Everyone said squeeze pages had to have “$97 value” in the headline… it tested out for me.

    Subscribe button that says “Free Instant Access” … tested out.

    Testimonial box under the optin form… tested out.

    The freaking YEAR in the headline to make it more timely, as in: “This is the Best Training Course You’ll See in 2010 and Beyond…” Tested out.

    I have another sales letter that’s 86.6% finished with a split test and it’s converting 14.8% better WITHOUT mentioning the bonuses. Go figure.

    I could pretty much take the opposite of common sense / common knowledge and correctly guess what converts better and makes more money.

    If I had assumed it was the right way without testing, I would have made less money.



  2. Antone Roundy on July 3, 2010 at 5:06 pm

    I was thinking about some of the same things a little while back. Here’s some of what I wrote on the subject (click my name for the rest):

    Hot traffic already has a pretty good handle on what problem they’re trying to solve, what kind of product will solve it, and how it’ll do it. They just need to decide whether your product is the best choice.

    So how do you talk to them? A 50 page sales letter that tells them what their problem is, how to solve it, and reveals that you’ve got a product that implements the solution? What a waste of time!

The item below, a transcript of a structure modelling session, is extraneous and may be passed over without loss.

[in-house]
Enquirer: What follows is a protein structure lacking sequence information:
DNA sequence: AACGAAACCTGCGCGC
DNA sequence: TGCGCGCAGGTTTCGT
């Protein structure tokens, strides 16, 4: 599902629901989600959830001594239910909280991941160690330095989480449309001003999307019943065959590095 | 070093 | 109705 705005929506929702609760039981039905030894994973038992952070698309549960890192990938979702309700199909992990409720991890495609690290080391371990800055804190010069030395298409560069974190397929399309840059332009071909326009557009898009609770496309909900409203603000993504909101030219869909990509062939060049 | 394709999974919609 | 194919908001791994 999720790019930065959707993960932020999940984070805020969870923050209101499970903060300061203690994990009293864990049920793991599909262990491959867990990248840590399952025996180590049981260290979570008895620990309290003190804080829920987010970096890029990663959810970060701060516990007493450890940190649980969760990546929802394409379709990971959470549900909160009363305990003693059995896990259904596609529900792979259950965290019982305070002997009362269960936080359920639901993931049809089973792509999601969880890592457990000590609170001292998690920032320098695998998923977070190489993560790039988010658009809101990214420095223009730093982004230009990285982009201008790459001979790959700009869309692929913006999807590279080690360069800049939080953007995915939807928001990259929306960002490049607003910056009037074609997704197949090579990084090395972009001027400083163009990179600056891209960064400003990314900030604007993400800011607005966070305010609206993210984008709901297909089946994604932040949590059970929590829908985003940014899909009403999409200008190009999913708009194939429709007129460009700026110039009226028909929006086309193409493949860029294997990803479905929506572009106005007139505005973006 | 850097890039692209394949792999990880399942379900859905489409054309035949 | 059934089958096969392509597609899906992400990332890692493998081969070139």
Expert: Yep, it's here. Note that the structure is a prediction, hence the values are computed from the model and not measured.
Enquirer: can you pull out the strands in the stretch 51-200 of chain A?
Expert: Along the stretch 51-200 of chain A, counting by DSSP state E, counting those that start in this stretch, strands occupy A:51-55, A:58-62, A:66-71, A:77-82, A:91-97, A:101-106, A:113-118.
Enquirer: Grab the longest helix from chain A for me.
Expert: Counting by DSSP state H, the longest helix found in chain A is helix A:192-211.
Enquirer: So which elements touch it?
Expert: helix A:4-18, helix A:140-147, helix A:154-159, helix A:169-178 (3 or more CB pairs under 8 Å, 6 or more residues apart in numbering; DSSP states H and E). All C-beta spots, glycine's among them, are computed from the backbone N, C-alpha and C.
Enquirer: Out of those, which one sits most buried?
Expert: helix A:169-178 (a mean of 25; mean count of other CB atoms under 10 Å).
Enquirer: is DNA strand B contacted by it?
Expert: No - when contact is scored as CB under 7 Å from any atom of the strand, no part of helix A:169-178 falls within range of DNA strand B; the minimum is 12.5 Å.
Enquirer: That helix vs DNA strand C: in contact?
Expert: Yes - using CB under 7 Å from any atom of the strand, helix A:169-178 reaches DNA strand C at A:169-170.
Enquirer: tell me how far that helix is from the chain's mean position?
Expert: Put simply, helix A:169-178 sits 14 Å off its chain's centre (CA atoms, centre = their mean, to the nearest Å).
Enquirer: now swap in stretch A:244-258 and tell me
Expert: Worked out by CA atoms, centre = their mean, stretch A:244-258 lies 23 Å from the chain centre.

What they want to know is:

    * What features does your product have? (so they can compare to other potential solutions)
    * What are the technical requirements? (will it run on their computer or webserver, etc.)
    * How much does it cost?
    * What’s are the terms of your guarantee?
    * Does anybody else use and like it? (social proof)
    * What bonuses do they get with it?

    That’s the information they want. Don’t dilute a page that you know is getting hit by hot traffic with details that they don’t need.



  3. Hermawan75 on July 16, 2010 at 9:33 pm

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  4. Sotiris on July 27, 2010 at 6:42 am

    Very Useful Information It Is Pretty Amazing How We Can Be So Prone To Following The Herd.
    Even Entrepreneurs Sometimes. 🙂

    You Also Make A Great Point Like Henry Ford Said “The Most Important Thing Is To To Think” (out of the box helps also)
    Sometimes We Don’t Allow Ourselves Enough Creative Thinking Time Because We Are Busy Following Other Peoples Ideas.

    Although Modelling Is A Great Method Of Becoming Highly Successful. Most Highly Successful People Have Followed Or Created Their Own Ideas Or Systems Through This Type Of Thinking.

    That’s Why You Are Doing So Well In Your Online Business 😉

    Take Care….

    Regards

    Sotiris Bassakaropoulos



    • Gary McNamara on December 7, 2010 at 10:37 am

      Armand I was at the entrepenuers Bootcamp last year in Londons O2

      and although that was some time ago
      I am just about to start with my first sales copy ..been busy studying The way its done so are you now saying throw the Ruleboook out.
      This buisness is full of twists and turns
      but i must admit it sounds exciting

      keep up the great work
      Gary McNamara Clacton on sea England